“Adapt Or Die” was screened as six one-minute video inserts and two 24-minute specials described as a “raw but cinematic look at electro music in a way that more and more South Africans are starting to see it – it is passion combined with art, it is the sound of youth, and it is an expression of what it feels like to let go”. And is the documentary a real reflection of what the tour was like, or was it all staged for the camera? “That was all real, like the little tantrum that Dan throws – totally real!” says Apter “Me doing the ‘tour guide’ of Prague was intentionally being stupid, so we hammed that up, but, in fact, a lot of it we don’t really remember being filmed.”
It leads to an obvious question – what is it like working with one’s brother all day in a production studio, then all night on the DJ and VJ decks – and then taking your international working holidays together. “We have a really amazing relationship,” says Tim. “We fight all the time, but it never affects anything related to Double Adapter – you can;t really have an argument that goes all out, because you know you have to see each other and work together.”
Double Adapter are billed as “an audio-visual explosion; a combination of video, lights and electronic beats; a combination of retro and current pop, classics and rarities remixed into one hard electro soundtrack” and hailed as “electro so dirty it makes you wanna party even though you have work tomorrow”. Invitations back to many of the clubs they played in April are testament to the success of their ground-breaking shows, as was the rave reception they received for their recent Oppikoppi set, and with ongoing invitations to club nights like Cape Town’s “Discotheque” at The Assembly. What’s the secret – and does the integration of pre-planned visuals with the music create restrictions for playing a live set?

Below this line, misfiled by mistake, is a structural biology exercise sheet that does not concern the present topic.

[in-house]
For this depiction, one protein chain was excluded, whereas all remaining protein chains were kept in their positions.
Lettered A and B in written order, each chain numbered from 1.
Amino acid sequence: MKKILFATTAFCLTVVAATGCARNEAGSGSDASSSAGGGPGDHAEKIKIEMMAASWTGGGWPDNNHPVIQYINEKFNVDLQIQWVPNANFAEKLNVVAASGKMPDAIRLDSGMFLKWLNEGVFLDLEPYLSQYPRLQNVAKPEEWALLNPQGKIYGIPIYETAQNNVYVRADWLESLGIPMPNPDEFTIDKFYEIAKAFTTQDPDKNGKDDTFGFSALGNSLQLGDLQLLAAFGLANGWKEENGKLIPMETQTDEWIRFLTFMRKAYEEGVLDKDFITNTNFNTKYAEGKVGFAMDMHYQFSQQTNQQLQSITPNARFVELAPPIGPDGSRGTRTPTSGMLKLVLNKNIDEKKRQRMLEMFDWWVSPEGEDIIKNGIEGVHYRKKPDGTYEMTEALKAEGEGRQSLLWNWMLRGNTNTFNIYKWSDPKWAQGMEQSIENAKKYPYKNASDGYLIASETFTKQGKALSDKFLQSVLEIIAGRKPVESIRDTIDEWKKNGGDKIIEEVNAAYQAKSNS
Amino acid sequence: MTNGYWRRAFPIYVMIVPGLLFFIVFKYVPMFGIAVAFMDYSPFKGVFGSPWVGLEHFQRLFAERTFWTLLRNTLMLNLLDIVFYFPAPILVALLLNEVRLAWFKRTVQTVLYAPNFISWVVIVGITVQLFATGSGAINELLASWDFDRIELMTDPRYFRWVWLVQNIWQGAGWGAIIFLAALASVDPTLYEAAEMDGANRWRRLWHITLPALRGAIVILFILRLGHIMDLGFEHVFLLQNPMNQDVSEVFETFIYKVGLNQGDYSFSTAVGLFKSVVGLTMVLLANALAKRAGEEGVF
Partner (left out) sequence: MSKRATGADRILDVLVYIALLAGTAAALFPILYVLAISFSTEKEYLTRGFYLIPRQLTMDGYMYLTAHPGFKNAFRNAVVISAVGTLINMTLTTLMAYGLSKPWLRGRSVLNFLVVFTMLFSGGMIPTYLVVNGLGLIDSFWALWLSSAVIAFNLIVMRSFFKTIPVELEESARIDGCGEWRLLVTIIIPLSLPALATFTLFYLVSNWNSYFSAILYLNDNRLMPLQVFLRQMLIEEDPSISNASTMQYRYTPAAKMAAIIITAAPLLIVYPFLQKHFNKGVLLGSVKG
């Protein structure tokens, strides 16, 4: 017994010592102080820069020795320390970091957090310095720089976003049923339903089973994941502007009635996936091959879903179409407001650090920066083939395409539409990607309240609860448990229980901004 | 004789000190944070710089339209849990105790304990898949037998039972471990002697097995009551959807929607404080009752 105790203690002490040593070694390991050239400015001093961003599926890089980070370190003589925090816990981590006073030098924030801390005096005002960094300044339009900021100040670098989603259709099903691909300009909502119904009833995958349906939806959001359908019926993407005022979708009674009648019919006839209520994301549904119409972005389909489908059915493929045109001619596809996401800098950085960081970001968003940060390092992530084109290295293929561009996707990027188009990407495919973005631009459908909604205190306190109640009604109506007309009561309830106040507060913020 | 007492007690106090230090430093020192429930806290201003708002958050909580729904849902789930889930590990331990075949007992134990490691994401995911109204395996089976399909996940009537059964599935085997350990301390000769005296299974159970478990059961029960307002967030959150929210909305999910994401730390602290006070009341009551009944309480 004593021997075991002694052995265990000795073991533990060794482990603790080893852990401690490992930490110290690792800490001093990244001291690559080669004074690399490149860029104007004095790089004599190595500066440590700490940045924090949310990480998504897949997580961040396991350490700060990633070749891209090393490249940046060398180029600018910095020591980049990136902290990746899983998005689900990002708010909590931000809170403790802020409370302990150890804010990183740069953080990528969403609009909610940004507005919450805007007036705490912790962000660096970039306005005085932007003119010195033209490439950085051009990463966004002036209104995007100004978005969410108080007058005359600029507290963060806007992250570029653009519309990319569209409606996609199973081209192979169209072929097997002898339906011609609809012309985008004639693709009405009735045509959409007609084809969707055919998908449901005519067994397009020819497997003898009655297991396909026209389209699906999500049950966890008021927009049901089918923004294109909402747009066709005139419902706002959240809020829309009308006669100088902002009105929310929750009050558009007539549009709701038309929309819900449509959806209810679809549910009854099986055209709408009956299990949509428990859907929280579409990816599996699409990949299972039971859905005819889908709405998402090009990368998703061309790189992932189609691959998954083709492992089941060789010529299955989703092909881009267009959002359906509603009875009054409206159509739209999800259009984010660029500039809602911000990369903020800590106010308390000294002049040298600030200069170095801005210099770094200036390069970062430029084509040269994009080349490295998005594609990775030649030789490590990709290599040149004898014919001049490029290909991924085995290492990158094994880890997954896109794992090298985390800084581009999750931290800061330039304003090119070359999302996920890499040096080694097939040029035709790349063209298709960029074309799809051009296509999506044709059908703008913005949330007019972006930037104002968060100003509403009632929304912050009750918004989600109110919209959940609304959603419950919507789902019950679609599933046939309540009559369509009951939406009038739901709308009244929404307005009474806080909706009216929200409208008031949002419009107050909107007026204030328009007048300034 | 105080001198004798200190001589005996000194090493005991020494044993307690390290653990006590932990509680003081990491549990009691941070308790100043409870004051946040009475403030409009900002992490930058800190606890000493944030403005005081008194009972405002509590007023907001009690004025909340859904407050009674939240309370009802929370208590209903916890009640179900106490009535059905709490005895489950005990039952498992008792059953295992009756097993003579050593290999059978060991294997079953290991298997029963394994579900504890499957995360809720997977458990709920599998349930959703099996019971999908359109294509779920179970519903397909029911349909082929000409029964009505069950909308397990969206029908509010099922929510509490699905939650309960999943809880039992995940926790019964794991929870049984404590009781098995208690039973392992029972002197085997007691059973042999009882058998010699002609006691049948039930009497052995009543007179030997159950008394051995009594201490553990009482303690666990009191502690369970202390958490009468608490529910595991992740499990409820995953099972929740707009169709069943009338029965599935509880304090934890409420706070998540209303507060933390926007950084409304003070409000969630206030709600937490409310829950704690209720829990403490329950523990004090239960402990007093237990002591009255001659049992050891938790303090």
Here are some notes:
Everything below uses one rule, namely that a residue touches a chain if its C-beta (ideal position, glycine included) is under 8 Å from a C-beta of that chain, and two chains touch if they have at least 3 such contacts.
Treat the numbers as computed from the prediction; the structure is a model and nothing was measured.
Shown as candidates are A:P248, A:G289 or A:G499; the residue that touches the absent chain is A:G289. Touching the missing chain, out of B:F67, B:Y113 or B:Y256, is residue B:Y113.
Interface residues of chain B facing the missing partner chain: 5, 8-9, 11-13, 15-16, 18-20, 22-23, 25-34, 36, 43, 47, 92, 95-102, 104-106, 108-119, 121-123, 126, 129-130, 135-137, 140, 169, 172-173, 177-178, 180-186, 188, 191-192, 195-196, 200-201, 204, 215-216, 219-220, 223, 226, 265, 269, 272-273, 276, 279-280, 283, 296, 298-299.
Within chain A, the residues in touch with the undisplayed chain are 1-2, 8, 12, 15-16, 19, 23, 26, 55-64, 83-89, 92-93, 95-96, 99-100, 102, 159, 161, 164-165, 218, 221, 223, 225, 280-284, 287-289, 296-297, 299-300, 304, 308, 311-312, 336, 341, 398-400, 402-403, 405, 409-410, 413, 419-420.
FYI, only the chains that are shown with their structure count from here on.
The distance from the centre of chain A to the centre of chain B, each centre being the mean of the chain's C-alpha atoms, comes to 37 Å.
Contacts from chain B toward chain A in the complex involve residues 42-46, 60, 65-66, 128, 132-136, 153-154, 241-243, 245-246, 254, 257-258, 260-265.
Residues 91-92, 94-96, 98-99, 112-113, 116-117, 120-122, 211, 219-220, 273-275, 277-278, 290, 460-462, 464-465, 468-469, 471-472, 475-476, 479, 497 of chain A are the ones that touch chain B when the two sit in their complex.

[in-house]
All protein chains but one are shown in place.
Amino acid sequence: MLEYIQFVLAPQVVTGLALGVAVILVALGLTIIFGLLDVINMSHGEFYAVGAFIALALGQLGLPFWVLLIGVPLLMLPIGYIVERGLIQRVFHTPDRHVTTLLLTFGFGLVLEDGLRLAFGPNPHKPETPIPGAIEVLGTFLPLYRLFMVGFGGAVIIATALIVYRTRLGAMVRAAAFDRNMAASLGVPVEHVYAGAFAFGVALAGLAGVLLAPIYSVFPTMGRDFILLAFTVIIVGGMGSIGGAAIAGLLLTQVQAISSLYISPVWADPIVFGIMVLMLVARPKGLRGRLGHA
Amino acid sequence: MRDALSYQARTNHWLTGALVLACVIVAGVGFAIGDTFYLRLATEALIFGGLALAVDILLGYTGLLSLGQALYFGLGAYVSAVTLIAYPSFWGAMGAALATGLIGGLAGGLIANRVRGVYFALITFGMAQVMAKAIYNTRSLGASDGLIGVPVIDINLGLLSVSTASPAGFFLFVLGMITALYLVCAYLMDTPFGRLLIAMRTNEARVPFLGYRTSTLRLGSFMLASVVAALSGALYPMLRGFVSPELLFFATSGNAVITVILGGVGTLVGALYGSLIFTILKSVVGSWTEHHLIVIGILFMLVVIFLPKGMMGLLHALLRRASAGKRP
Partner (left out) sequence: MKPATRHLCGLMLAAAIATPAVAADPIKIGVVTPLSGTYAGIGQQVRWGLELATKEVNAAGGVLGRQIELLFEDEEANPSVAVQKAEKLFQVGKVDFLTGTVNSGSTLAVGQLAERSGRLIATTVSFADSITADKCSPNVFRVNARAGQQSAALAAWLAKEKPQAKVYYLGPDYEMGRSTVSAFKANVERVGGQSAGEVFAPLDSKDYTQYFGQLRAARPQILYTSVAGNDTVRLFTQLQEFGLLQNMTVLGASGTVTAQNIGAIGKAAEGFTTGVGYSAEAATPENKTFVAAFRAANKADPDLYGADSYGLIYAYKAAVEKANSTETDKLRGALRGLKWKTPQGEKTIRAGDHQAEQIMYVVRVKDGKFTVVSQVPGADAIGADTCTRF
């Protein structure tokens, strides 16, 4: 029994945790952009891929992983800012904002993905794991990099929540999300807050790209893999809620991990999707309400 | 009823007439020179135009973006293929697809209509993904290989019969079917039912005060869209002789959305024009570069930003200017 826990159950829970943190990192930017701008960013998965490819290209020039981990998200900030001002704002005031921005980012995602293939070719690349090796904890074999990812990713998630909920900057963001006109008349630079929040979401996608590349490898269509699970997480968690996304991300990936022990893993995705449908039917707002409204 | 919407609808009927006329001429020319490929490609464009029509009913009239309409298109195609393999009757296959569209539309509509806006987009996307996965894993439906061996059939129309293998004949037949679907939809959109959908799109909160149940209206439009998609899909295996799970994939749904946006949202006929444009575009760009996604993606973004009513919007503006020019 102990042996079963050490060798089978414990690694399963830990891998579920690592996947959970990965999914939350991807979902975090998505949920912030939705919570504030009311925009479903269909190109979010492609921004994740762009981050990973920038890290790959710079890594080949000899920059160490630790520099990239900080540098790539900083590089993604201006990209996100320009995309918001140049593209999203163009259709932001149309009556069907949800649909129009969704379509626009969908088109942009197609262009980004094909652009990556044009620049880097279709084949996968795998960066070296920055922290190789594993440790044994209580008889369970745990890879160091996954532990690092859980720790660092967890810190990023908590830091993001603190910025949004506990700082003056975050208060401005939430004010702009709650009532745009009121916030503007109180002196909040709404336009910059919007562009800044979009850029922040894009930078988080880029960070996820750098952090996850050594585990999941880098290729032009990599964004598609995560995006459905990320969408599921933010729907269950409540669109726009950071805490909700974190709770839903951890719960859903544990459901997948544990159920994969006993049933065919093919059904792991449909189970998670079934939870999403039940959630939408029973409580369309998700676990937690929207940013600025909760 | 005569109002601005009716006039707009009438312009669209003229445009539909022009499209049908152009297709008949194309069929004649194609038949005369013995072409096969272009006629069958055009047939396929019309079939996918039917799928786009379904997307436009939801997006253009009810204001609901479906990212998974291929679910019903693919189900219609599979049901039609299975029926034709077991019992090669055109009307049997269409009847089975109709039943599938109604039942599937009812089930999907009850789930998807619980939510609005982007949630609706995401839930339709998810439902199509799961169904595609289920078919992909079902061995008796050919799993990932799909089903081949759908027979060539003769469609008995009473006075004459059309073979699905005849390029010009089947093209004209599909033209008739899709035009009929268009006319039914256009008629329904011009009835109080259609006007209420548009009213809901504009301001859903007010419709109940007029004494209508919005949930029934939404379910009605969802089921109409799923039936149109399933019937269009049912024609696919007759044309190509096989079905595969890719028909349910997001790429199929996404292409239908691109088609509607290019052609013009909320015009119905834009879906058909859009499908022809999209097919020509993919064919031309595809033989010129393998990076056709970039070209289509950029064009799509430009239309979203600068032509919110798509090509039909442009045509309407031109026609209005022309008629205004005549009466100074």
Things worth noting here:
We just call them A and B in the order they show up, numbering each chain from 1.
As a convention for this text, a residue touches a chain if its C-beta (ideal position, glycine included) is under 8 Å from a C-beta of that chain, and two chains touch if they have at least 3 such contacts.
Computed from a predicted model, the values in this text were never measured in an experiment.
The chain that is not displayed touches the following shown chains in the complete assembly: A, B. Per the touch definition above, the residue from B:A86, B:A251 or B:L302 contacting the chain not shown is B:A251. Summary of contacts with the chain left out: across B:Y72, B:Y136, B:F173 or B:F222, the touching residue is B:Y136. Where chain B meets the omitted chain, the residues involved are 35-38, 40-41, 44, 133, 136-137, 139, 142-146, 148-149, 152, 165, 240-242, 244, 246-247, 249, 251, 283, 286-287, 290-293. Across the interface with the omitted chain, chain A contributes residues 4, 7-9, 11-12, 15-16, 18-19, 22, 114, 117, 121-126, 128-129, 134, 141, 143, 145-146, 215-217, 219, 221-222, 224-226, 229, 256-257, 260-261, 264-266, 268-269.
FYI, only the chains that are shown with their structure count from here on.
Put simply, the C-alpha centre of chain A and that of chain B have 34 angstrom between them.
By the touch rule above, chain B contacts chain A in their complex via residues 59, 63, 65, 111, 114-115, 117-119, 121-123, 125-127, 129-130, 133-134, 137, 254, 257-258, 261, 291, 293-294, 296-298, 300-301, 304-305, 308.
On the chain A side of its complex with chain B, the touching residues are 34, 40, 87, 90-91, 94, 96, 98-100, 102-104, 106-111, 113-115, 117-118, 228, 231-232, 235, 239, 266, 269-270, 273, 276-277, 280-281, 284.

“It all comes from the sound,” says Tim. “I’ll do a lot of remix work and work on new mixed tapes and Dan will come into the studio and source visuals. Which, basically, means that he surfs the ‘net and drinks beer while I’m working. We include a lot of pop and rock in our sets, so Dan does a lot of paper cut-out animation. Like if I use a Lady Gaga sample, or a slice from Nirvana, then he tries to tell the story of the sound with images of Gaga or Kurt Cobain or whatever. Dan’s also got a really big library of generic Double Adapter stuff, so if I go off on a tangent, or if we want to play a new song on the fly one night, then he’s got visuals for that, plus he’s often entering his own text into the visuals. Basically, that era of ‘the DJ is god’ is over, thankfully, and we’re just trying to put a bit of performance into a DJ set – and it seems to be working pretty well.”
Double Adapter play the Music Box stage at the annual global Earthdance
festival alongside over 80 acts including Sibot, Fletcher, Audiophile021, 7ft Soundsystem, Monique Pascal, Mr Sakitumi and more. Also on the bill, over the six stages and areas, are trance stars Loud (Israel), Commercial Hippies, Dave Mac, Regan, Eitan Reiter (Iboga) and a solar-power driven stage with Gary Thomas, Toby2Shoes, Ma’original and more (23 to 25 September at Nekkies, outside Worcester; tickets R150 (Sunday only) to R350 (full weekend) at gate, or from R260 at outlets – see http://www.EarthDanceCapeTown.com
and WebTickets.co.za). On Friday 30 September, Double Adapter plays “Friday Night Sideshow” at The Fez and, on 6 and 7 November, they support Cape Town band Lark on the Gauteng leg of their comeback tour. The full “Adapt Or Die” documentary is available on youtube.com
.Read our Q&A with Double Adapter here
First appeared in the Cape Argus “Good Weekend” of 2011/ 09/18.